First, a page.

Homestead’s Spring Training Dreams Will Finally End Soon

Homestead ‘s baseball dream crashed because of the 1992 hurricane.

 

The end is seemingly near for a spring training complex that was never used by a Major League Baseball team in Homestead, Florida. The owners of the Cleveland Indians reached a deal to move the team’s spring training home from Tucson, Arizona to Homestead in 1993 on June 8, 1991. The ballpark would cost about $21 million with Homestead picking up a significant portion of the tab. But Hurricane Andrew hit on August 24, 1992 wiping out large portions of Homestead including the shiny new ballpark that was supposed to have Cleveland’s winter and spring headquarters complete with the stadium and other facilities. When damage assessment was complete, members of the Cleveland front office visited the city and decided that there was too much damage to the city and pulled out of the agreement. Cleveland found a suitable replacement in central Florida in Winter Haven in 1993 after Boston pulled up stakes and moved to Fort Myers. Ironically Red Sox ownership took a look at Homestead.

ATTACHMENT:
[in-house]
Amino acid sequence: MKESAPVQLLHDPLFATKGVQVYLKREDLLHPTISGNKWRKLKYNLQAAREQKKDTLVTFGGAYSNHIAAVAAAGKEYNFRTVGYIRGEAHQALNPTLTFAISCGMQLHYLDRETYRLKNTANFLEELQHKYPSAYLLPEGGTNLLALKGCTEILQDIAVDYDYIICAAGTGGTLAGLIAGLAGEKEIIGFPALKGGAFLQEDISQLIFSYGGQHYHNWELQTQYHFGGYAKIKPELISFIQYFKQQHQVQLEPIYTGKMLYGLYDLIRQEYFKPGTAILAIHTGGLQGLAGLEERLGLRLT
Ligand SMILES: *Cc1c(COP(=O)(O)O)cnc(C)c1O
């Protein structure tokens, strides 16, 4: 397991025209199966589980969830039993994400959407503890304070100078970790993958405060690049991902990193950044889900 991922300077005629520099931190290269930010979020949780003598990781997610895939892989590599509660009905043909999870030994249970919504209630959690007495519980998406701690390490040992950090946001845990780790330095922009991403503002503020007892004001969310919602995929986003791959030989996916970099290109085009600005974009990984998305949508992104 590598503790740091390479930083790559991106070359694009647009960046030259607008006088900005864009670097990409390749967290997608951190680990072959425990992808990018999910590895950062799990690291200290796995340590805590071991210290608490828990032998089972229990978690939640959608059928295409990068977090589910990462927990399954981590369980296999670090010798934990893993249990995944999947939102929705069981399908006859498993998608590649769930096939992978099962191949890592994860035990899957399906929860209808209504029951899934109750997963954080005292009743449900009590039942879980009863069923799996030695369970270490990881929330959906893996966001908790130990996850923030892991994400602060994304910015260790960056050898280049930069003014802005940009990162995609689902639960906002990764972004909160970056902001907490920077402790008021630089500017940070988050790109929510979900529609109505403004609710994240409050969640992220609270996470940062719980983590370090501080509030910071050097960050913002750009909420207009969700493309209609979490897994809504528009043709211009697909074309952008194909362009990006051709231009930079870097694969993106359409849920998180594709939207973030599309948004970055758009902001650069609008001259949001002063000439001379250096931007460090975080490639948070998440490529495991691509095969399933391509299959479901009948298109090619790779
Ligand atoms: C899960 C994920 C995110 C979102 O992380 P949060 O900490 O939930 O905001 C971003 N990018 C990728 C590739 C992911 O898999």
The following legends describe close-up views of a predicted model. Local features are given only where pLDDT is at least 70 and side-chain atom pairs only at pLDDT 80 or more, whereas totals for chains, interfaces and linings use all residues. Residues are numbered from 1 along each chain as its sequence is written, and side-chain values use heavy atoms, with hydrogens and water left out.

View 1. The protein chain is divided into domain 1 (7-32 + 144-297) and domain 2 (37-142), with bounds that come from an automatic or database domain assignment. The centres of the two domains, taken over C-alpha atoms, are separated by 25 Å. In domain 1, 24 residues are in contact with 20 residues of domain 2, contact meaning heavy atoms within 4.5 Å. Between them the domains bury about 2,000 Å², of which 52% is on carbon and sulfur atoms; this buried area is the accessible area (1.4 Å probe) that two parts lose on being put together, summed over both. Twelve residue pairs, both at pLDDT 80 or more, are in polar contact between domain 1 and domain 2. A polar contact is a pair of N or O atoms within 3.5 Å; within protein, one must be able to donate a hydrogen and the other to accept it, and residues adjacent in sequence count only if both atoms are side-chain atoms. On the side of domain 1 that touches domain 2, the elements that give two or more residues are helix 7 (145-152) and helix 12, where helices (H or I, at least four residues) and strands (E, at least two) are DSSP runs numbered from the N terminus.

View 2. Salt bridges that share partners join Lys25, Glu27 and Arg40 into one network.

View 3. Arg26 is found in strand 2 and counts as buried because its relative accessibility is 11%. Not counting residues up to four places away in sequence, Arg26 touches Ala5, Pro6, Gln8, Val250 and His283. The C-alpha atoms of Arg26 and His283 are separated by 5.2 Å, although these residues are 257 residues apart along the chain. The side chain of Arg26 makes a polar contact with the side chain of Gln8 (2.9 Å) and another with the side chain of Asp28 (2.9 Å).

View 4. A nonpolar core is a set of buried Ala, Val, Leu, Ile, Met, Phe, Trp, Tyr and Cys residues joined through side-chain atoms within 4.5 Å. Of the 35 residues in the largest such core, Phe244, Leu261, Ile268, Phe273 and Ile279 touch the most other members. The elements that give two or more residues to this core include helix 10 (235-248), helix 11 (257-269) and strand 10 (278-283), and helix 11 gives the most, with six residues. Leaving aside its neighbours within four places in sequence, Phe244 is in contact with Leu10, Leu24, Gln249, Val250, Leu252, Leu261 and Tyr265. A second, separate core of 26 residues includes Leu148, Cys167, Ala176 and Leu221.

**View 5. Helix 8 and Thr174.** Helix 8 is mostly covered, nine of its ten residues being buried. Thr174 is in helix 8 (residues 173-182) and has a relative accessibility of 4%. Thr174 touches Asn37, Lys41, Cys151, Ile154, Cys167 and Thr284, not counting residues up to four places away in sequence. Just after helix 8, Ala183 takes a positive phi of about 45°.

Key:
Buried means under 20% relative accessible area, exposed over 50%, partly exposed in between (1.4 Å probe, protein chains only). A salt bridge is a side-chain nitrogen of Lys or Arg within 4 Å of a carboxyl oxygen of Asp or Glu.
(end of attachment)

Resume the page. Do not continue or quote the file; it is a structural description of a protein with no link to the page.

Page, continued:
Homestead officials decided the best way to get the municipality back on its feet was to rebuild the stadium. The thought was get a baseball team into the park and show Homestead was open for business. It was too late though, teams were closing deals with other Florida and Arizona local governments and Homestead was unable to get a team. South Florida had a major league team in the Miami area by 1993. Spring training plants were opened north of the Miami metropolitan area or teams moved to Arizona. Cleveland did play the Florida Marlins in two games in the stadium to raise money for hurricane victims in 1993. In 1995, baseball free agents trained at the complex. Homestead would never get a second chance.  The rebuilt structure suffered damage last year during Hurricane Irma. The end is near, demolishing bids are due on Tuesday.

 

Cleveland played just two spring training games in Homestead.